If history has taught us one lesson, it is that knowledge is a powerful tool. Leaders have successfully guided countries into genocide by censoring educational materials. The power of knowledge has also been used in many positive ways, such as catalyzing the progress of the African American Civil Rights movement. This essay uses African American prose to prove that education played an integral role in the struggle for racial equality.
It is a question that remains as powerful a metaphor today as it was when first coined by English author Edward Bulwer-Lytton, “Which is mightier, the pen or the sword?” It is a rhetorical quandary that maintains the absolute importance of knowledge and the communication of ideas. By analyzing the powerful themes conveyed in African American prose, it is clear that knowledge and communication were vital for the pursuit of equality.
But what is equality? And how does education empower the oppressed? Let’s consider equality to mean a reality in which every race enjoys the same social, economic and political opportunities and benefits. Education is the acquisition of knowledge. It can come from a person or a written medium. It can even come from observations. When a member of an oppressed race becomes as educated as his oppressors, he earns an opportunity to help his race progress toward social, economic and political equality.
An example of such a person is Frederick Douglass, who learned to communicate his ideas through writing. This compelled a sense of sympathy from Whites, and in Blacks, instilled a sense of community and hope. In his book, My Bondage and My Freedom, Douglass discusses the realities of slavery, the logic and reasoning of the slave and the slave master, and how education smashes the walls of inhibition that confine African Americans.
Ernest J. Gaines’ seventh novel, A Lesson Before Dying, illustrates how education can give a person perspective. By understanding one’s self and the illogical world we live in, a person can realize that they have the power to change the world. As the protagonist Jefferson learns, those parts of life which seem unfair and insurmountable can become opportunities. With Grant Wiggins’s guidance, Jefferson learns his own power and communicates this perspective to his peers.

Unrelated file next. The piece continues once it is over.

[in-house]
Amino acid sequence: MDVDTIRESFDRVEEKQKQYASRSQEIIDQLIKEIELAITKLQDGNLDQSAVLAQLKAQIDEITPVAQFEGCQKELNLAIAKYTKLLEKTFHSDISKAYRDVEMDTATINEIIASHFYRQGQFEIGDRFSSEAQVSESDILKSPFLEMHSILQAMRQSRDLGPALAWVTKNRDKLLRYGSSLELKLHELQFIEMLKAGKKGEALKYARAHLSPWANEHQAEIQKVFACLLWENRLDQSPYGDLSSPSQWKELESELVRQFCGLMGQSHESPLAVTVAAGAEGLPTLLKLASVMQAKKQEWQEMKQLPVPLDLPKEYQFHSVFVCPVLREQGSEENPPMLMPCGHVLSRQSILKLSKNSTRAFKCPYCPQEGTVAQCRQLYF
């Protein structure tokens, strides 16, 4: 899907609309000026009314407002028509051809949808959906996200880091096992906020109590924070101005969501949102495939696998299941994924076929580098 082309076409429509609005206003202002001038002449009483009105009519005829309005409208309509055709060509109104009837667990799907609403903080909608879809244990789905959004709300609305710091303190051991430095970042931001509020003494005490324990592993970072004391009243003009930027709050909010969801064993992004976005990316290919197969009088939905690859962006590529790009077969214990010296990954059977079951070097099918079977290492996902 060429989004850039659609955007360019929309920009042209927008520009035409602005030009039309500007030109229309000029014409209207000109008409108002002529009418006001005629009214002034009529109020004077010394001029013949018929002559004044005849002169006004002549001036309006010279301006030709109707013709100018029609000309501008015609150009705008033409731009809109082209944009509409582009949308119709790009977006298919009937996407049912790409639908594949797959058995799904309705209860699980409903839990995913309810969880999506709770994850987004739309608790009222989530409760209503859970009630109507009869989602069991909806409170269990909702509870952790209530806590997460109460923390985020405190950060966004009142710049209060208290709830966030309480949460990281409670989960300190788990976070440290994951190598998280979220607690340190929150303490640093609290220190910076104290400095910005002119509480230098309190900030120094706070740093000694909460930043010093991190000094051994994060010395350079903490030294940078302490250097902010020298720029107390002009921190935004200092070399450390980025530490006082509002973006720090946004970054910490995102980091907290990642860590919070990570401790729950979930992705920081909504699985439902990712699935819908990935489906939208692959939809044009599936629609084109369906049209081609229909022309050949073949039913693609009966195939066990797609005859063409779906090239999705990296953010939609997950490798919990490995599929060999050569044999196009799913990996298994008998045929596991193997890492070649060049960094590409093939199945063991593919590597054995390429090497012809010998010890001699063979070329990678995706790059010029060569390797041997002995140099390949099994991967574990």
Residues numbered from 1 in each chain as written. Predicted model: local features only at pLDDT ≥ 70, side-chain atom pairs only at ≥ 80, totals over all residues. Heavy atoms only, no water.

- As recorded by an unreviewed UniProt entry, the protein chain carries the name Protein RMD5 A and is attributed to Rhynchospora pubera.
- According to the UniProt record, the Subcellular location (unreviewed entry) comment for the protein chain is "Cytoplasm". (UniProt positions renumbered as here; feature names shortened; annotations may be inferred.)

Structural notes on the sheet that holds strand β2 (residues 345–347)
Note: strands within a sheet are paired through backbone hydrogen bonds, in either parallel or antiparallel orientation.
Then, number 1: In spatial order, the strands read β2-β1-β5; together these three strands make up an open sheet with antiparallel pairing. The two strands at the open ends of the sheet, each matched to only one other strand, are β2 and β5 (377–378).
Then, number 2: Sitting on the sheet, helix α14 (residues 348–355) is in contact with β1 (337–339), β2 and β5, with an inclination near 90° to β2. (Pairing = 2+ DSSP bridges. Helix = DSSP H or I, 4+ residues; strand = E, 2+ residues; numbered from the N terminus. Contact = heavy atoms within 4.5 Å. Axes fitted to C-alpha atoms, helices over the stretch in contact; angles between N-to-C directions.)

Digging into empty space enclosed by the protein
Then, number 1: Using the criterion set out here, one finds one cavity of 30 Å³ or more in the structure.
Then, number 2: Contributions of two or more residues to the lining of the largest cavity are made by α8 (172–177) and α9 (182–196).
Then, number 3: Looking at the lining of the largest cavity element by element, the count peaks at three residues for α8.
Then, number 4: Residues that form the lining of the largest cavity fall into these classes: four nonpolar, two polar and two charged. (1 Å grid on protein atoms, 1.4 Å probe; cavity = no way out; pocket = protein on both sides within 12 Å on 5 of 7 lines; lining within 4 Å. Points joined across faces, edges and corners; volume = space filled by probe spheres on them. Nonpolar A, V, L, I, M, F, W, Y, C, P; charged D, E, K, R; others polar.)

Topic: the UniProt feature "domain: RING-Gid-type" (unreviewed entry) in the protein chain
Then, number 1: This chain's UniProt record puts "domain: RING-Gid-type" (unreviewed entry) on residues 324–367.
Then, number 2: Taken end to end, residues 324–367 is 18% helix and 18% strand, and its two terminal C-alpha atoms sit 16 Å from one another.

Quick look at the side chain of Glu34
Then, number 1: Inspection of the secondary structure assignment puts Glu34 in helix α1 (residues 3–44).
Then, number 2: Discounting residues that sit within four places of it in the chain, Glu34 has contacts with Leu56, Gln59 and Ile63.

John Edgar Wideman’s Brothers and Keepers illustrates the opportunities that education gives to the individual. This real-life portrayal details the events that cause his brother Robby to serve life in prison, from the objective scenario that brings about the charges to the mental perspective that drives Robby to commit the crime. Although the author maintains the humanity of his brother, the reader can juxtapose the positions of John and Robby and understand why the path of education is one worth considering.
Using examples from these novels, this essay will prove that education is a powerful tool that helps progress an oppressed race toward equality.
In his book, The Education of Blacks in the South 1860-1935, Professor James D. Anderson examines the historical milestones that catalyzed African American education. He discusses the impacts of political, cultural and economic discrimination, and the progress made by new academic institutions. “If a nation expected to be ignorant and free, it expected the impossible” (Anderson 1).
In the book, Anderson describes how “ex-slaves…persisted in their crusade to develop systems of education compatible with their resistance to racial and class subordination” (Anderson 3). This persistence was the catalyst that led to “black teacher training institutions…black common schools and high schools…and black higher education” (Anderson 3).
The historical context of Anderson’s novel encompasses an era when anti-slavery propaganda had been circulated for some time, and none were as powerful as Frederick Douglass’s My Bondage and My Freedom. First published in 1855, this novel details an ex-slave’s journey toward intellectuality, with a strong focus on the importance of education. Anderson recounts that, because of such texts, “Black parents in general accepted the loss of child labor…so that their children would attend school” (Anderson 150). The mindset that education is essential to promote racial equality was gaining support.